The NHL season has just begun but so has the Edmonton Oilers power play when it comes to inflicting damage. I knew it would be good but I didn't know it would be spanking other team's penalty killing units so swiftly and so strongly in the first ten days of the season. 10 goals on 28 chances for an efficiency rating of 35.7% which leads the NHL. At this point two-thirds of the Oilers goals --10 of 15 -- have been scored with the man advantage.
It was accented by the show put on by the Edmonton power play units Monday night against an overwhelmed group of Colorado penalty killers. Edmonton turned the Avs three holding, one hooking, one slashing and one interference penalty into a 4-for-6 night and came within a single man-advantage goal of equaling a club record. The Oilers on five occasions have scored five power play goals. They first time they did it was 1980. The other four occasions happened in a span of 13 months from October 11/87 to November 19/88. Those days are long gone but maybe they are on their way back. Tuesday night was a glimpse into the past but at the same time a look into the present and future.
The Oilers did their man advantage damage in many ways against the Avalanche. They outmanned and outworked the visitors on Ales Hemsky's goal. Then it was a sterling shot to the shelf by Jordan Eberle, a lucky break as the puck re-directed off Shawn Horcoff's skate and finally an empty netter by Nail Yakupov to send the Oilers into second overall in the NHL's power play rankings (The Sharks went 0-for-2 on Tuesday night to vault the Oilers into first). It was a mix of skill and luck but if you believe that you make your own breaks Edmonton has been doing that when up a man. Their talent isn't enough on its own, they have to produce the work ethic to match it.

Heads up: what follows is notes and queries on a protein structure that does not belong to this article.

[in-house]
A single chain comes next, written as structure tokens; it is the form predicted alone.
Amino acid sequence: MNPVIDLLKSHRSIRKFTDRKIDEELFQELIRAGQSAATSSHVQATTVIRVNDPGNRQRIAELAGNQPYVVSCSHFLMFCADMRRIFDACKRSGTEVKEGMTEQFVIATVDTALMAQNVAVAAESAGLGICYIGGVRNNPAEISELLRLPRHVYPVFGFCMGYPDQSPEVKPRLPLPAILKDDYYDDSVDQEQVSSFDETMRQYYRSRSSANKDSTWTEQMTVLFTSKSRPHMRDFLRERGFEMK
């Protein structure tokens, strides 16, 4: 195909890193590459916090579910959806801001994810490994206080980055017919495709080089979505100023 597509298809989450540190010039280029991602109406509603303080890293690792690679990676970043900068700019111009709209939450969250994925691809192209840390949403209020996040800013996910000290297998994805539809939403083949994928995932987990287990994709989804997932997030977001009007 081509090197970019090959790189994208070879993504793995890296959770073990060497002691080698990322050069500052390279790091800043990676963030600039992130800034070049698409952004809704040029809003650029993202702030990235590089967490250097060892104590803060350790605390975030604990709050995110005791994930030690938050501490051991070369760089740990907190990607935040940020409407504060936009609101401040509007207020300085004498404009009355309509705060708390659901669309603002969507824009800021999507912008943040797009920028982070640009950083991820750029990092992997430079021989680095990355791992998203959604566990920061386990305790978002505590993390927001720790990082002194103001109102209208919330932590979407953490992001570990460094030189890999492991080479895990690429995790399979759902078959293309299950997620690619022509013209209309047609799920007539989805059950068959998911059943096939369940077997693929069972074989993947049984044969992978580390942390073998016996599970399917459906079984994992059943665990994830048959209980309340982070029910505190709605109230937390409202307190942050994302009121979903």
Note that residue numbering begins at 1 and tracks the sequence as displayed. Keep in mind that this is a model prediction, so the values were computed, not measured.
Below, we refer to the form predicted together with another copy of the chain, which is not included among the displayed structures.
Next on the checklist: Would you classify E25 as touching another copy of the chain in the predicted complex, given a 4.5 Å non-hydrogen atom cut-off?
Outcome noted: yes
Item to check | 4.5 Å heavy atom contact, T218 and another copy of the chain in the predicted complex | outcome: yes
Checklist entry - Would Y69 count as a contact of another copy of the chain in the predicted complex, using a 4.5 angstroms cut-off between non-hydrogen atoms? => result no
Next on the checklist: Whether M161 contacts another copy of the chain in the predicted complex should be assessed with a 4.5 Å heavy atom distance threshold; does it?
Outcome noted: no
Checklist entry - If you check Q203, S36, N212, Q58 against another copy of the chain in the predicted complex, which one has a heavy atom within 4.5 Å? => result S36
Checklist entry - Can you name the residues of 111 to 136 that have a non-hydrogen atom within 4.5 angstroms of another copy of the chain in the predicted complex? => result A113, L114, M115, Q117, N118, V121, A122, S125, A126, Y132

It was a point made by head coach Ralph Krueger that throwing your sticks on the ice and showing off your NHL entry draft credentials won't nearly be enough. They have to get the puck. If they lose it they have to go get again. They have to get traffic in front of the opposing teams net. They have to win faceoffs in order to spend more time with the puck then without. The power play isn't complicated. There are some basic rules of success that the Oilers have to follow and through five games they have done that.
Where Edmonton has a distinct advantage is being able to throw out not one but two potentially deadly power play groups. If the other team has killed off the first minute of a penalty and sent Taylor Hall, Ryan Nugent-Hopkins, Jordan Eberle, Justin Schultz and Shawn Horcoff to the bench wondering why they didn't score, the Oilers can then follow that up with Ales Hemsky, Nail Yakupov, Sam Gagner, Teemu Hartikainen and Ryan Whitney. Not much fun for the other team to try and keep both those units off the scoreboard.
I haven't even mentioned Ryan Smyth. He had nine seconds of power play time against Colorado. This is a guy that has 121 power play goals with Edmonton. Only Glenn Anderson with 126 and Wayne Gretzky with 125 have more in an Oilers uniform. It's another option at Ralph Krueger's disposal when or if he needs it. For now he doesn't as the coach has enough power play weapons to go around.